Okay, so it’s kinda cool that El Salvador and Honduras will play a World Cup qualifying game at RFK stadium in Washington, D.C., June 2. These are two good teams and the match will be a lot of fun to watch.
But what Steven Goff missed in his little report (El Salvador, Honduras tentatively set for June 2 friendly at RFK Stadium) in the Washington Post is that there is a LOT of baggage in the football — soccer to the States — matches between the two countries.
A quick “El Salvador Honduras Football” Google search would have found a bigger story behind the June 2 match.
Everyone knows that soccer is taken seriously around the world except in the United States.
Flashback to 1968. Tensions between Honduras and El Salvador were growing over border disputes. By 1969 things were getting much worse as Honduras complained about more than 300,000 illegal Salvadorans living in Honduras.
Then came a qualifying game for the 1970 World Cup. The two countries left the second round even, requiring a third game June 25, 1969 on neutral territory to determine who moved ahead.
El Salvador won 3-2 in a game played in Mexico City. Riots broke out between fans of the two teams.
After all the political tensions between the two countries, the riots just added fuel to the fire.
The Salvadoran army invaded Honduras July 14, 1969, beginning the Football War.
The Organization of American States worked out a cease-fire that took effect July 20. By the middle of August the Salvadoran army left Honduras.
A peace treaty was signed in 1980 formally ending the war.
So there is really much more to this proposed June 2 match between El Salvador and Honduras.
Sure the governments of Honduras and El Salvador are on good terms now. And there is little likelihood another war will be ignited by the June 2 game. But the history is interesting.
I just think that the Washington Post readers are entitled to know. (Maybe Goff will add something on this later.)
And it is another example of how a story can me made more interesting by just a little bit of understanding that local and global events are linked.
For a college paper or radio station looking for a different kind of story, the Peace Corps, just offered up some great information that can be turned into some interesting stories.
The Corps, one of the best government institutions, celebrated its 50th anniversary last year. The whole purpose of the Corps is for America’s best and brightest to donate their time and knowledge to help people in other countries.
Since its inception by executive order in 1961, more than 200,000 young people have donated two years of their lives to development projects in more than 130 countries.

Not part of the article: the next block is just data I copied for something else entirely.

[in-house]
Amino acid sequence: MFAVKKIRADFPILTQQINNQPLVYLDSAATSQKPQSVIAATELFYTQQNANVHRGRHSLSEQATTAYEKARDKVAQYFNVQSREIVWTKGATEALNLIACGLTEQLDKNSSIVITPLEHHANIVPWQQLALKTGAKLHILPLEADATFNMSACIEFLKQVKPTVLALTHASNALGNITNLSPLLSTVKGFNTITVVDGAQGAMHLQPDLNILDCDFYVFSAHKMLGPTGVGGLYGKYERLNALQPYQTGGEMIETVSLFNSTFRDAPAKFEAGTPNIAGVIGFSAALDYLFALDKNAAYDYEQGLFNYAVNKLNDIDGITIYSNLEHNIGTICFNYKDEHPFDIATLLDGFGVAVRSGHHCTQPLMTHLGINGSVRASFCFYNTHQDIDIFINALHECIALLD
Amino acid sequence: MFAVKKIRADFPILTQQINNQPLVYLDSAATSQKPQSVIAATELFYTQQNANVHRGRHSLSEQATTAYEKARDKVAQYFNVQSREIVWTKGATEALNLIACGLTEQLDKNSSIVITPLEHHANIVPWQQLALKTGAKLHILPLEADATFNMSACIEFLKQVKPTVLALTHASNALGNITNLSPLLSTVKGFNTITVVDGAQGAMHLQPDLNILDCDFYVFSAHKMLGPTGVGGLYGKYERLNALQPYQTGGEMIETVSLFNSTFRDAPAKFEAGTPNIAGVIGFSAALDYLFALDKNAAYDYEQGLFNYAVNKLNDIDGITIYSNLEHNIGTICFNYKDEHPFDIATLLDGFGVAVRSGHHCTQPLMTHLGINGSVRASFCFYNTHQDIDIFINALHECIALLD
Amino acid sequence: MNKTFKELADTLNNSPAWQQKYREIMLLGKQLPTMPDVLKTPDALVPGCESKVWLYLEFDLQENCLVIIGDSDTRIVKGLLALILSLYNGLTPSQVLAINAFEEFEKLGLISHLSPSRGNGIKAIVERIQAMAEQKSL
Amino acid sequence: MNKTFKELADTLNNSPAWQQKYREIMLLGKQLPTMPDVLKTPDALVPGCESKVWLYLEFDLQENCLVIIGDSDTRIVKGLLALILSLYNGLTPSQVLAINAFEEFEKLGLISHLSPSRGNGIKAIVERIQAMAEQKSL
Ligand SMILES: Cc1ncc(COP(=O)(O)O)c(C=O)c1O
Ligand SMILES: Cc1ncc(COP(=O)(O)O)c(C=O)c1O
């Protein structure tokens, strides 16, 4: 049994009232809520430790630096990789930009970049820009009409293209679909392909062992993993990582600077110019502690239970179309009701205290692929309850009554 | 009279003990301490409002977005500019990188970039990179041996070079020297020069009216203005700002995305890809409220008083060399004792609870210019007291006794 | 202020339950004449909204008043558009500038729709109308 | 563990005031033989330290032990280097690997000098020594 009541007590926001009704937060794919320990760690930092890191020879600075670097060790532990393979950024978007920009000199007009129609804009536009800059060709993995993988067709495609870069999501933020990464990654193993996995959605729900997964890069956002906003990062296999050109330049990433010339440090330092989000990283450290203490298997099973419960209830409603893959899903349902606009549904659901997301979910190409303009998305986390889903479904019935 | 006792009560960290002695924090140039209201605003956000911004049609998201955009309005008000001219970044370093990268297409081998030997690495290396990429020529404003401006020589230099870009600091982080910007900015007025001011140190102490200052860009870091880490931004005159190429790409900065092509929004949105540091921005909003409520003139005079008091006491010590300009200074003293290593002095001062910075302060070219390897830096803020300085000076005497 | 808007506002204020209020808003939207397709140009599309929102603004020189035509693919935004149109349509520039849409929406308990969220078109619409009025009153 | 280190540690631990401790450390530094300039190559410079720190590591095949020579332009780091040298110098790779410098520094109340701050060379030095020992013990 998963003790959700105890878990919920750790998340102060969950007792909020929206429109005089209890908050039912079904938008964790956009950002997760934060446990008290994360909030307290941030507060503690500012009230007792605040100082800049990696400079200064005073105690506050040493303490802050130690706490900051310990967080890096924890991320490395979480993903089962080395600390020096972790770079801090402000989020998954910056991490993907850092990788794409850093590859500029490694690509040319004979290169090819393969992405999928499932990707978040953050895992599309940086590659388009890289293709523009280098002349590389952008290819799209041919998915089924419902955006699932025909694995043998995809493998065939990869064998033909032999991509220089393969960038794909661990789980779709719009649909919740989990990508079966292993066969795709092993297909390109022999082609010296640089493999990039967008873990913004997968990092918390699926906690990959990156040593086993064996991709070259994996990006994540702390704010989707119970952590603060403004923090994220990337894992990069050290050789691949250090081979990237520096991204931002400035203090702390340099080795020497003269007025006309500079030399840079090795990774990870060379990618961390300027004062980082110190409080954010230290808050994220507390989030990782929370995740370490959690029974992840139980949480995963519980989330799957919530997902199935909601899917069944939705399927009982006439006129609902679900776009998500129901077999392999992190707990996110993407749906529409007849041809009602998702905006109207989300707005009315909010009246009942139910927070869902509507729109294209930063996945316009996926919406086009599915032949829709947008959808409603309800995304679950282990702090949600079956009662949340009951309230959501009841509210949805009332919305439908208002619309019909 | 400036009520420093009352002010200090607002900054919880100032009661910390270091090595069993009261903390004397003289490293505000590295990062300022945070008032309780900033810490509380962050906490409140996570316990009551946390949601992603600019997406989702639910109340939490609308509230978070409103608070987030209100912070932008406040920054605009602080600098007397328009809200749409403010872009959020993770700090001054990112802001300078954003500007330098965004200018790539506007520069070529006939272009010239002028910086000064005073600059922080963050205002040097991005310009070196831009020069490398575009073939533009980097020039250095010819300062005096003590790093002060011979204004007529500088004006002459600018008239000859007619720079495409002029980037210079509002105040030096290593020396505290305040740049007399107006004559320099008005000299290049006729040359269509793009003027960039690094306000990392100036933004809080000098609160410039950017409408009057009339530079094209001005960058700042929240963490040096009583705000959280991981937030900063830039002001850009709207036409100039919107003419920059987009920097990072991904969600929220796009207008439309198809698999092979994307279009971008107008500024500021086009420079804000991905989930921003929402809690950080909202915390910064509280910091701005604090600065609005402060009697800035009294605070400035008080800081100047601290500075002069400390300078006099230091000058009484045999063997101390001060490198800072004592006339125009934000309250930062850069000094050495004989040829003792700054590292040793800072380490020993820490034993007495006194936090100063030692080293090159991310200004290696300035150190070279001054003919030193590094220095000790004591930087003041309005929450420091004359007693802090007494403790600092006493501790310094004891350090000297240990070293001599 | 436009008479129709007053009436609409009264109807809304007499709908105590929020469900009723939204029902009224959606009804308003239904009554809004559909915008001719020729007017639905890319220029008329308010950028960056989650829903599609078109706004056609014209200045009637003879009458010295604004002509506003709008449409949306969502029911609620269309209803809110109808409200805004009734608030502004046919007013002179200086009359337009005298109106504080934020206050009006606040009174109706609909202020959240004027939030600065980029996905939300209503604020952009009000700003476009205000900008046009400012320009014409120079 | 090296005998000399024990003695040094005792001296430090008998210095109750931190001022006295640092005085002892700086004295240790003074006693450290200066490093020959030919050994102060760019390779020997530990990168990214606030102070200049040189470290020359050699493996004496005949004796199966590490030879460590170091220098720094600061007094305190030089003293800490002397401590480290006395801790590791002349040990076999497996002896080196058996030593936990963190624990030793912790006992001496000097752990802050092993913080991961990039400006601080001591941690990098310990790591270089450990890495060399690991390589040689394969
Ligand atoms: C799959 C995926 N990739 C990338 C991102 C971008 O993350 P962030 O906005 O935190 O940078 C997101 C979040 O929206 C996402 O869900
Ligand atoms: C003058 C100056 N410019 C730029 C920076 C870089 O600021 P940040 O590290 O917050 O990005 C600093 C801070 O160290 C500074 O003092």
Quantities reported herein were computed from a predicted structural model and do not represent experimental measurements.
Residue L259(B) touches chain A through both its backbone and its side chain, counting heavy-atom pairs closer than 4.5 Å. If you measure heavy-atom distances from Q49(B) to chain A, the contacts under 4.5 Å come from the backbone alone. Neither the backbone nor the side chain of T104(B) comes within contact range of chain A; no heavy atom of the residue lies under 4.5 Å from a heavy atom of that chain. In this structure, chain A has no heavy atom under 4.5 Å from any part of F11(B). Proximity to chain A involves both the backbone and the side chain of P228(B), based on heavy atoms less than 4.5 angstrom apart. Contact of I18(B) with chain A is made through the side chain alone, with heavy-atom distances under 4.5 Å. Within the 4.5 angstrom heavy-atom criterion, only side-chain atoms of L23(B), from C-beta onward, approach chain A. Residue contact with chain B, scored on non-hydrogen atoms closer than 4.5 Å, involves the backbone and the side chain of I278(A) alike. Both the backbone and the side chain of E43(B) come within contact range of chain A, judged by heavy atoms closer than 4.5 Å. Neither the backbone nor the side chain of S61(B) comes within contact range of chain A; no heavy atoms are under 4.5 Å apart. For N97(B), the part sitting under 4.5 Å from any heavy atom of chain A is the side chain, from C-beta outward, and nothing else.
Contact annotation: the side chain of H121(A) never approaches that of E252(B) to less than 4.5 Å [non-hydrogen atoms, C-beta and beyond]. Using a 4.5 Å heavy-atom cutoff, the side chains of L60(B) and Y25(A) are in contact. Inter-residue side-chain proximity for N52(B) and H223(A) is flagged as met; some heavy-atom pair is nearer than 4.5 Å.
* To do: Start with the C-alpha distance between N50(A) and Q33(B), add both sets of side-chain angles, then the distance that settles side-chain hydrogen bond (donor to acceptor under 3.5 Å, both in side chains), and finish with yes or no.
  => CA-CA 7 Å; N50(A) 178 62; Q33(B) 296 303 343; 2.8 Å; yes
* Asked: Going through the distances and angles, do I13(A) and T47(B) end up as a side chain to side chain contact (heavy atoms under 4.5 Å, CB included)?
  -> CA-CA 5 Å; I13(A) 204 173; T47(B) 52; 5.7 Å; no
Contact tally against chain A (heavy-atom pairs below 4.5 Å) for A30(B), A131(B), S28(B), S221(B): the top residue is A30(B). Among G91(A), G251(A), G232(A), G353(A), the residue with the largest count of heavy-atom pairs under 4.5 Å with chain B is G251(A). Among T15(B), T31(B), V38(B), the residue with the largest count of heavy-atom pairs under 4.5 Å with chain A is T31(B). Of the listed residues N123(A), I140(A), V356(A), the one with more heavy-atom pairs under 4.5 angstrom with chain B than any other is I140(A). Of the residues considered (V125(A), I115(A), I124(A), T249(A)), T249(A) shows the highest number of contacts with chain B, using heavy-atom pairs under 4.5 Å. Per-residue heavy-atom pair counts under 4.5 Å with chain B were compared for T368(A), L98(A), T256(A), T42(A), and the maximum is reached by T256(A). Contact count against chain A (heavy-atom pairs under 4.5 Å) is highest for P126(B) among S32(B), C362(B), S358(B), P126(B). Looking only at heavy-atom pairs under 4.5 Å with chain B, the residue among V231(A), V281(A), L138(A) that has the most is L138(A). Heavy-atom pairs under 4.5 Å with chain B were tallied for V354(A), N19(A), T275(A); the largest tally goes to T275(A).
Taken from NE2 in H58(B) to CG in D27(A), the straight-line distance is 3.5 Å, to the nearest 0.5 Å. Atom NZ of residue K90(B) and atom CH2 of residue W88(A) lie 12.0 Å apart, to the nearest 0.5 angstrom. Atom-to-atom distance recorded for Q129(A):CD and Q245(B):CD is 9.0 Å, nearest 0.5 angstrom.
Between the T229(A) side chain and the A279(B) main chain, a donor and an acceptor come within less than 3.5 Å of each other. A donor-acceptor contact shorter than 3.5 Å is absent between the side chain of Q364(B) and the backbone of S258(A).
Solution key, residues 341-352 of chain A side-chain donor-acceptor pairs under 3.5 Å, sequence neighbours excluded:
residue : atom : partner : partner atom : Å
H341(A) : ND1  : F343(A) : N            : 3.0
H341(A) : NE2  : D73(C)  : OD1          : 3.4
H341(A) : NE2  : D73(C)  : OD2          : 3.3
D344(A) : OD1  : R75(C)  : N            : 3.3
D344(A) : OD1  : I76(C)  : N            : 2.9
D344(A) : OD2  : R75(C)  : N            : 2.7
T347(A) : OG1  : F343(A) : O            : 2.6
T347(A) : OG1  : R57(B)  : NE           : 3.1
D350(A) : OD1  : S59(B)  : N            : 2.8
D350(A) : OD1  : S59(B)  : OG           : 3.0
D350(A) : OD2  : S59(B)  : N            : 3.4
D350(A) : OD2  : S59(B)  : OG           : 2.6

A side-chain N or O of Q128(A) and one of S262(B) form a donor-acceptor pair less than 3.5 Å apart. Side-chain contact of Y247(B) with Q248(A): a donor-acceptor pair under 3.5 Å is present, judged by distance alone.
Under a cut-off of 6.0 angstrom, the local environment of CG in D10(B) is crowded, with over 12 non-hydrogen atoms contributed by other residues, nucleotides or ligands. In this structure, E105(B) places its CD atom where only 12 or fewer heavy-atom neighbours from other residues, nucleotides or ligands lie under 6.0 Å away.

During my limited teaching time at George Mason, I encouraged my students to seriously consider volunteering for the Peace Corps. My reasons were pretty simple:
I should add that I am NOT a Peace Corps alum but I have met many of the volunteers in the Dominican Republic and Honduras. I have never seen such enthusiastic and idealistic young people any where else.
I noticed that George Mason is not on the list of top schools sending graduates to the Peace Corps. (Maybe that will change with time.) But for now, perhaps the Mason student media folks can look around campus to see if any seniors have signed up to join the Corps after graduation. (Then find out why and where they hope to go.)
Maybe a search could be started to see what professors or administrators have Peace Corps experience. Then find out why they joined the Corps and how their time in service helped/hindered their career choices.
Does the school have a relationship with the Peace Corps so that some course work counts toward the Peace Corps training programs? If not, why not? (Contact the Peace Corps for more information about this. More schools are doing this every year.)
Here is something to get you started with your stories:
Just this past week the Peace Corps released a list of the top colleges whose graduates have joined the Peace Corps.
For campus and local community reporters, this is a gold mine of information about links between the college and the rest of the world.
Following are the top five colleges and universities in each undergraduate category, as well as the top graduate schools and a historical ranking. The numbers in parentheses represent the number of alumni currently serving as Peace Corps volunteers.